BRAAMFONTEIN STATEMENT ON XENOPHOBIA

South African Human Rights Commission, 15 October 1998.

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1. The movement of people within and across boundaries of states and communities has become a feature of modern societies. In the global society, states can no longer live in isolation from one another. The movement of people across boundaries has caused and continues to cause problems between nationals of recipient states and non-nationals because of competition for scarce resources, ignorance and prejudice. For states, migration raises questions of security, economic management and sovereignty.

2. Xenophobia is the deep dislike of non-nationals by nationals of a recipient state. Its manifestation is a violation of human rights. South Africa needs to send out a strong message that an irrational prejudice and hostility towards non-nationals is not acceptable under any circumstances. Criminal behaviour towards foreigners cannot be tolerated in a democratic society.

3. Our Constitution states that we seek to construct a society where "human dignity, the achievement of equality and the advancement of human rights and freedoms" are abiding values. The Bill of Rights confers certain rights to "everyone". These are the rights to equality, human dignity, the right to life, freedom and security of the person, and the right not to be subject to slavery, servitude or forced labour.

4. Our international obligations have both a legal and a moral force. South Africa is party to international human rights and humanitarian treaties, especially on refugees and asylum-seekers.

5. No one, whether in this country legally or not, can be deprived of his or her basic or fundamental rights and cannot be treated as less than human. The mere fact of being an alien or being without legal status does not mean that one is fair game to all manner of exploitation or violence or to criminal, arbitrary or inhuman treatment. Foreigners in our midst are entitled to the support and defence of our law and constitution.

6. Despite the above provisions, in practice there is an increasing level of Xenophobia in our country. Xenophobia is thus a blight on our democratic values and should be eradicated.

In this regard, the South African Human Rights Commission and other stakeholders from government and non-governmental sectors held a one day consultative conference to discuss the increasing rate of Xenophobia as a violation of human rights and our constitutional values. The Conference was held at the Johannesburg Metropolitan Civil Centre, Braamfontein on Thursday, 15 October 1998.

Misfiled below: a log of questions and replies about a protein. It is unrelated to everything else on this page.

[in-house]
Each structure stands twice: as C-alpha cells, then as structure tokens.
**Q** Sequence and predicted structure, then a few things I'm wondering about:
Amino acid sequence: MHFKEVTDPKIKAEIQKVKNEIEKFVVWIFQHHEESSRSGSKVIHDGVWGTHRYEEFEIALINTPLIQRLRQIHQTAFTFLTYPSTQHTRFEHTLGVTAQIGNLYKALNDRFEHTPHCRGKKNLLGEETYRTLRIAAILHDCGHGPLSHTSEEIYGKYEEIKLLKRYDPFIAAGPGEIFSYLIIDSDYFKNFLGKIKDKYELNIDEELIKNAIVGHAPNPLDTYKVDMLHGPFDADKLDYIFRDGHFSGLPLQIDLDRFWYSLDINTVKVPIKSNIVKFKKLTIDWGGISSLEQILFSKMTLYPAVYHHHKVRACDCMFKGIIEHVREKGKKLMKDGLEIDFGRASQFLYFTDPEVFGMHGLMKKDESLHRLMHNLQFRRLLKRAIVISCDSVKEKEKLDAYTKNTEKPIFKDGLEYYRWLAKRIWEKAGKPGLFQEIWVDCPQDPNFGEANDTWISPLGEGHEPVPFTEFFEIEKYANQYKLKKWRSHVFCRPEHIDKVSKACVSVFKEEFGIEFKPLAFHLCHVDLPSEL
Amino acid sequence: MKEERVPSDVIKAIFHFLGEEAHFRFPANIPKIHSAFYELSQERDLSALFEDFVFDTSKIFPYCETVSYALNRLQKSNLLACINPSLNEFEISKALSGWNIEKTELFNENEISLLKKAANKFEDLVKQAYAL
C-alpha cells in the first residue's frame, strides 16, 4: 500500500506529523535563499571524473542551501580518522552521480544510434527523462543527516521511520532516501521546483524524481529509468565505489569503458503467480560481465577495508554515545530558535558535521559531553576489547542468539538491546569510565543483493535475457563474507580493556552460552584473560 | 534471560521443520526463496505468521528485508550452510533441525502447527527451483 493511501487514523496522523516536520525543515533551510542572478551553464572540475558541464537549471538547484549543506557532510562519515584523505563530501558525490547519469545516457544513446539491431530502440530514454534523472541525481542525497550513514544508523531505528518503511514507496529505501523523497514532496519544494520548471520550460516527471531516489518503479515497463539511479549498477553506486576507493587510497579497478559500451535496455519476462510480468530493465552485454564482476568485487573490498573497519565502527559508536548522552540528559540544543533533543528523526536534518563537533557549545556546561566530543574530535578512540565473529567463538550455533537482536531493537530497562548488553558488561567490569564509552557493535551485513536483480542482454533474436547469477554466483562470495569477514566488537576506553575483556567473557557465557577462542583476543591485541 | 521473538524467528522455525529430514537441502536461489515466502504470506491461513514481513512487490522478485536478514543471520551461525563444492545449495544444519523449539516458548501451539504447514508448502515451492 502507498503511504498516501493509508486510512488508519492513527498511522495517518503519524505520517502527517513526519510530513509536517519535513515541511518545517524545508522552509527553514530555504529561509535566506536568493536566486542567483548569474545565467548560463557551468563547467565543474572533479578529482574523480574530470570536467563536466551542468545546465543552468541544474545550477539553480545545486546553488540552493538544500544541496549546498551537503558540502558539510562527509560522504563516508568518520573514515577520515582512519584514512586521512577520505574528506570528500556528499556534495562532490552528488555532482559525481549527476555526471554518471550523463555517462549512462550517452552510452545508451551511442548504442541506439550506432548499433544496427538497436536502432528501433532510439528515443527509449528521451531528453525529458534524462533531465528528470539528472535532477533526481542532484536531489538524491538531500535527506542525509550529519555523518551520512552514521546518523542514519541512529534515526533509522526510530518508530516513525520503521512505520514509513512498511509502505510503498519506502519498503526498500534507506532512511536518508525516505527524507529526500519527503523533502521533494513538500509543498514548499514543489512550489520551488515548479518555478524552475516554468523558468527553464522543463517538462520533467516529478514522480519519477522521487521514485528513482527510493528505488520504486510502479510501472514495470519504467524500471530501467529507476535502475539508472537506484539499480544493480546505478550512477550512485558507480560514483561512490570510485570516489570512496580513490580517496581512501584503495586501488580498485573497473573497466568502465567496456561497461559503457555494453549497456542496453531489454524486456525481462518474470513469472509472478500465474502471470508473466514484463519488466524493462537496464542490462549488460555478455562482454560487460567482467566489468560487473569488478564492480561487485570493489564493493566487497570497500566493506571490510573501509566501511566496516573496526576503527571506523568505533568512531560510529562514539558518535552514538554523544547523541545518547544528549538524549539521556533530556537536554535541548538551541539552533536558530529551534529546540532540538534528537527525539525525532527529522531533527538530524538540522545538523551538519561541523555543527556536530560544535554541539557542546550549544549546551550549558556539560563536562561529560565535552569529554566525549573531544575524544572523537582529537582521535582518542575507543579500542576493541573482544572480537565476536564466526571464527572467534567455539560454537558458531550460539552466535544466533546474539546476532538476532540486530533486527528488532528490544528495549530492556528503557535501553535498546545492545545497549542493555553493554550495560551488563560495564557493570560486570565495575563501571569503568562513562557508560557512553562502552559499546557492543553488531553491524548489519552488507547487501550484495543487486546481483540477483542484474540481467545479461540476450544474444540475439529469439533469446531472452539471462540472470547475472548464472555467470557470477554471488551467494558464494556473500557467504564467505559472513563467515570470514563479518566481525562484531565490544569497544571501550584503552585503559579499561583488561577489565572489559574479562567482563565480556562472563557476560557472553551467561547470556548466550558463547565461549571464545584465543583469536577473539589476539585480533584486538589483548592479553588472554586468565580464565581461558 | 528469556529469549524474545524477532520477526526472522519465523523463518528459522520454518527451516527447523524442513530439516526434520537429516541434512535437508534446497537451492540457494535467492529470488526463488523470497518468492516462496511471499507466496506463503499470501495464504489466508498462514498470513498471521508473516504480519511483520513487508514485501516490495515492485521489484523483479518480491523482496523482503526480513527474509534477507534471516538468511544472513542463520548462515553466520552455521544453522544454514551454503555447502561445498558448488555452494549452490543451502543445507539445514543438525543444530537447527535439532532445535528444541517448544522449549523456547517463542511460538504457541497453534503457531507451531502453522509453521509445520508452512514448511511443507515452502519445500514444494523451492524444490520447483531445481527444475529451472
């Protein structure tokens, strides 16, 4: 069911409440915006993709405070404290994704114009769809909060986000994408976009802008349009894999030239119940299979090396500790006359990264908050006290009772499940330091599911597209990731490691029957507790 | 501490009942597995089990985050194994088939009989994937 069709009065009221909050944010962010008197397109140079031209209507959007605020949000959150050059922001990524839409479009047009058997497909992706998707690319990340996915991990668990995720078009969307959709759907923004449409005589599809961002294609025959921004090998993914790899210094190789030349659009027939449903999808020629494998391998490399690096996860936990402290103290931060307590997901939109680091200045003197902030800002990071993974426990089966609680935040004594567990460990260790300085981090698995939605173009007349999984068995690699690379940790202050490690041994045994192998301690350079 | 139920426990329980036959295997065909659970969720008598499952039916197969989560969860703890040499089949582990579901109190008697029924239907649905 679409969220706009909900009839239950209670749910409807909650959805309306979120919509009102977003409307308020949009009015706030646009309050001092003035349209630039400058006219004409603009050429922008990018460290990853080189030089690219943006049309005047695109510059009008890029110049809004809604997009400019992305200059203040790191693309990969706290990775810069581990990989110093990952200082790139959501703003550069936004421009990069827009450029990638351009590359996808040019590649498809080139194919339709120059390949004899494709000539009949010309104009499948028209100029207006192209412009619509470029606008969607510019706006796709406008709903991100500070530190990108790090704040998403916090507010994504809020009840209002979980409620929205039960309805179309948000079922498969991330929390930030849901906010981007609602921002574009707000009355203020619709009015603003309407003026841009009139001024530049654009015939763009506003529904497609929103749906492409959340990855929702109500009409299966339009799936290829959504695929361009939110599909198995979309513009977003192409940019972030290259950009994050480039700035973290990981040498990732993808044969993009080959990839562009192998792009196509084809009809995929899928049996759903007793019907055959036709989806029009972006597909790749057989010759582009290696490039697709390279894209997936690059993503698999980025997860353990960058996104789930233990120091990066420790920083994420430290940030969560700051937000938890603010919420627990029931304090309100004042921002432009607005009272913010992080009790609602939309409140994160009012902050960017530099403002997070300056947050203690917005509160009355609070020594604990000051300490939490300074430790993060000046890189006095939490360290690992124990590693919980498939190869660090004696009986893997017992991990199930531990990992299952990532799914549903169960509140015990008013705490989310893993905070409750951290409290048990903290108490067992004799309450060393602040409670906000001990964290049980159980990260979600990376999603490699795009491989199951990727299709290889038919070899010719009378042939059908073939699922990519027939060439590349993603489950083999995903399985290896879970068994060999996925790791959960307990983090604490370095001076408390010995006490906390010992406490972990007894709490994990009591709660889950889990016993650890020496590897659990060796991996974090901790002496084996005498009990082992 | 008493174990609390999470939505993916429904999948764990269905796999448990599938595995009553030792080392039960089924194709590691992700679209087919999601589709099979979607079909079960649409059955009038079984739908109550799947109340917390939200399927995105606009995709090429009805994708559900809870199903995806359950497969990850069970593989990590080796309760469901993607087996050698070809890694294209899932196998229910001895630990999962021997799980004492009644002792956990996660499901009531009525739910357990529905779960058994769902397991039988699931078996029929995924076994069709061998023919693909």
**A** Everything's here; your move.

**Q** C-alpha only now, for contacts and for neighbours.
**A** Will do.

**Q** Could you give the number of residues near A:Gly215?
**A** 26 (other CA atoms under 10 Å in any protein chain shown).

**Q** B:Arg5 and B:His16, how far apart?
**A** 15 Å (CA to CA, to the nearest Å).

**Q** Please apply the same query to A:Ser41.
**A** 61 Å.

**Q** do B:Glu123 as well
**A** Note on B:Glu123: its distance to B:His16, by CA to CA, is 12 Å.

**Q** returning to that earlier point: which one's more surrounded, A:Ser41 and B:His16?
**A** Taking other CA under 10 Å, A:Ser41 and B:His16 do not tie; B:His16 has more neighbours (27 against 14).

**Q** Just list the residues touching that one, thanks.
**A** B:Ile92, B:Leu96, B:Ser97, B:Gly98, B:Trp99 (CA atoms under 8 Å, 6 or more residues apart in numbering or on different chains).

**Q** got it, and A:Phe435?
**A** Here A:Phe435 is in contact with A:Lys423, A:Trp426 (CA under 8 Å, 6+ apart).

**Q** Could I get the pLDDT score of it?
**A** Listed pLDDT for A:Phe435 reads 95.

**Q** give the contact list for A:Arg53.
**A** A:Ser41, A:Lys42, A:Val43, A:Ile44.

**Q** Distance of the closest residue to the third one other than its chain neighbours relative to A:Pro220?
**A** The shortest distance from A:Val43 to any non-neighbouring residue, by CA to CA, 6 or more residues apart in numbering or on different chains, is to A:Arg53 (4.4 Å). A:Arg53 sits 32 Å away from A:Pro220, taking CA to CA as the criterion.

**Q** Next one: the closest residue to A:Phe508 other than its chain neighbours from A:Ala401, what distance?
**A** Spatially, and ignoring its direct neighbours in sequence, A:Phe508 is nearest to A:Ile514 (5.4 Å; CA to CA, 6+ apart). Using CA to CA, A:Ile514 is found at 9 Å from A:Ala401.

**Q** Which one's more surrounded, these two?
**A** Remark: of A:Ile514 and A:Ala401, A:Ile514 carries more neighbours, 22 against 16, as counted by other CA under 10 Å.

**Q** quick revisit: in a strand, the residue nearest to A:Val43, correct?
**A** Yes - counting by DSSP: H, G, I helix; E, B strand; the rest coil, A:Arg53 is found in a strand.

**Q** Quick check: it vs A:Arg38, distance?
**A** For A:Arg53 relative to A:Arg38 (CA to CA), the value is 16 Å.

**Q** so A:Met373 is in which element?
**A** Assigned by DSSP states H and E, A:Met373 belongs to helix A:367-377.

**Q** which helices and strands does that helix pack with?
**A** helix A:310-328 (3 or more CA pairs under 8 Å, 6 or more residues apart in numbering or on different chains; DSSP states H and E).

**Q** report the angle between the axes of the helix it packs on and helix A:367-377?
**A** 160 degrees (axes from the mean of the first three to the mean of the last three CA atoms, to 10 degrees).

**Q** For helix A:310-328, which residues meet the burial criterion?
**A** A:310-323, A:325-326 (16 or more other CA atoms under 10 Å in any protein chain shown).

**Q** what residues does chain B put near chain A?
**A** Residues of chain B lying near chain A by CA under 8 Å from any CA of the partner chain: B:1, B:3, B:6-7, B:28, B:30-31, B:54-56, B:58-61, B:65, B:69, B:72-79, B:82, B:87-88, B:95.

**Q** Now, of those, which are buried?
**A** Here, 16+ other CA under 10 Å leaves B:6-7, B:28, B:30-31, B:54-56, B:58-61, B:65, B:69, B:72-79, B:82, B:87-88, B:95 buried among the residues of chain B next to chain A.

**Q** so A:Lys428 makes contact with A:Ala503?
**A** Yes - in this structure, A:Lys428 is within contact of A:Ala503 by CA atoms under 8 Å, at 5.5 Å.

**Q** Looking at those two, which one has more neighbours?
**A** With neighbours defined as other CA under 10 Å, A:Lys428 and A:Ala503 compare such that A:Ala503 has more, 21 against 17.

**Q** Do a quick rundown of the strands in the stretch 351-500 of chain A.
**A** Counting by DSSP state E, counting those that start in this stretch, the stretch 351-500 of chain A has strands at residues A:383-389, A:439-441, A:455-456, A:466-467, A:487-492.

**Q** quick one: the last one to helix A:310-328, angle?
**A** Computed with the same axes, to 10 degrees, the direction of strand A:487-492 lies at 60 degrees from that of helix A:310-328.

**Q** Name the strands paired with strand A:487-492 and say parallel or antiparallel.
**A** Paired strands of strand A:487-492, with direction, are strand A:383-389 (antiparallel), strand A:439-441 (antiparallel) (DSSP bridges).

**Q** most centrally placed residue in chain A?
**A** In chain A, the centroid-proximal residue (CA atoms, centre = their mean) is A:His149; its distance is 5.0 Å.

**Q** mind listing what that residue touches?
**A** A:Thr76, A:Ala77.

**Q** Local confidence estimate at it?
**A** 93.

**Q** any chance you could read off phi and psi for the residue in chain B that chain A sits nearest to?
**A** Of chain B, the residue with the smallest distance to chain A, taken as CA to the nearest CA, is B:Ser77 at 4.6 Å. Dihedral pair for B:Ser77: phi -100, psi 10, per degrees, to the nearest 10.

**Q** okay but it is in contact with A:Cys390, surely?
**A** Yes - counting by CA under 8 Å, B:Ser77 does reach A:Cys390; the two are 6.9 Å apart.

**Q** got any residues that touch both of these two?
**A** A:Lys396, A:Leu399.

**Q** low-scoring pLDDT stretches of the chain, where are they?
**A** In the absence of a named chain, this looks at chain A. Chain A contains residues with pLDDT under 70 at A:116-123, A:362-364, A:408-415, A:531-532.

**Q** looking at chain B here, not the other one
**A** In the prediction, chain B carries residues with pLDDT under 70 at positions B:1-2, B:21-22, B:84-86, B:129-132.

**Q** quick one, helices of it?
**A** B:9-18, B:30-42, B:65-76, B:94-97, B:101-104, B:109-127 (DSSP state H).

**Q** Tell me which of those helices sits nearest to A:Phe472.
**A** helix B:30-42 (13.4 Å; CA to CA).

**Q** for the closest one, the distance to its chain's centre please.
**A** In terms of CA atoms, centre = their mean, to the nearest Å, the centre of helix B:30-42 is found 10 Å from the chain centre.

7. The Consultative Conference adopted the following Programme of Action:

• There should be a co-ordinated approach between various government departments to address Xenophobia and the manifestations thereof.

• Migration and refugee policies should be clear, coherent, implementable and reflect South Africa’s constitutional and international obligations.

• South Africa should take steps to sign the International Convention on the Protection of All Migrant Workers and Members of their Families and other relevant treaties. This should be done in order to signal South Africa’s commitment to abide by international standards in her treatment of resident non-nationals.

• Factors that encourage the manifestation of Xenophobia such as poverty, unemployment, crime, corruption in the immigration and police services and ignorance about the role and significance of non-nationals in our country should be addressed. The rights and responsibilities of non-nationals should also be taken into account.

• As part of the Southern African Development Community (SADC) region, South Africa should play her part in the development of the economic policies in the region in order to enhance peace and prosperity in the neighbouring states and ensure opportunities for betterment of life for its citizens.

• A nation-wide public awareness and information campaign on racism and Xenophobia and its effects should be organised.

• Public service officials should undergo training on racism and Xenophobia, on the theory and practice of migration and refugee policies and on the understanding of international human rights and humanitarian instruments as well as develop an awareness of the social and political situation in the countries responsible for the influx of migrants to South Africa.

• South African are urged to practice African cultural values like ubuntu ("hospitality and solidarity") in their relations with others in their midst.

• The South African Human Rights Commission, assisted by a steering group drawn from the departments of Home Affairs, Justice and provincial Safety and Security, are mandated to monitor the implementation of these proposals.

Johannesburg
15 October 1998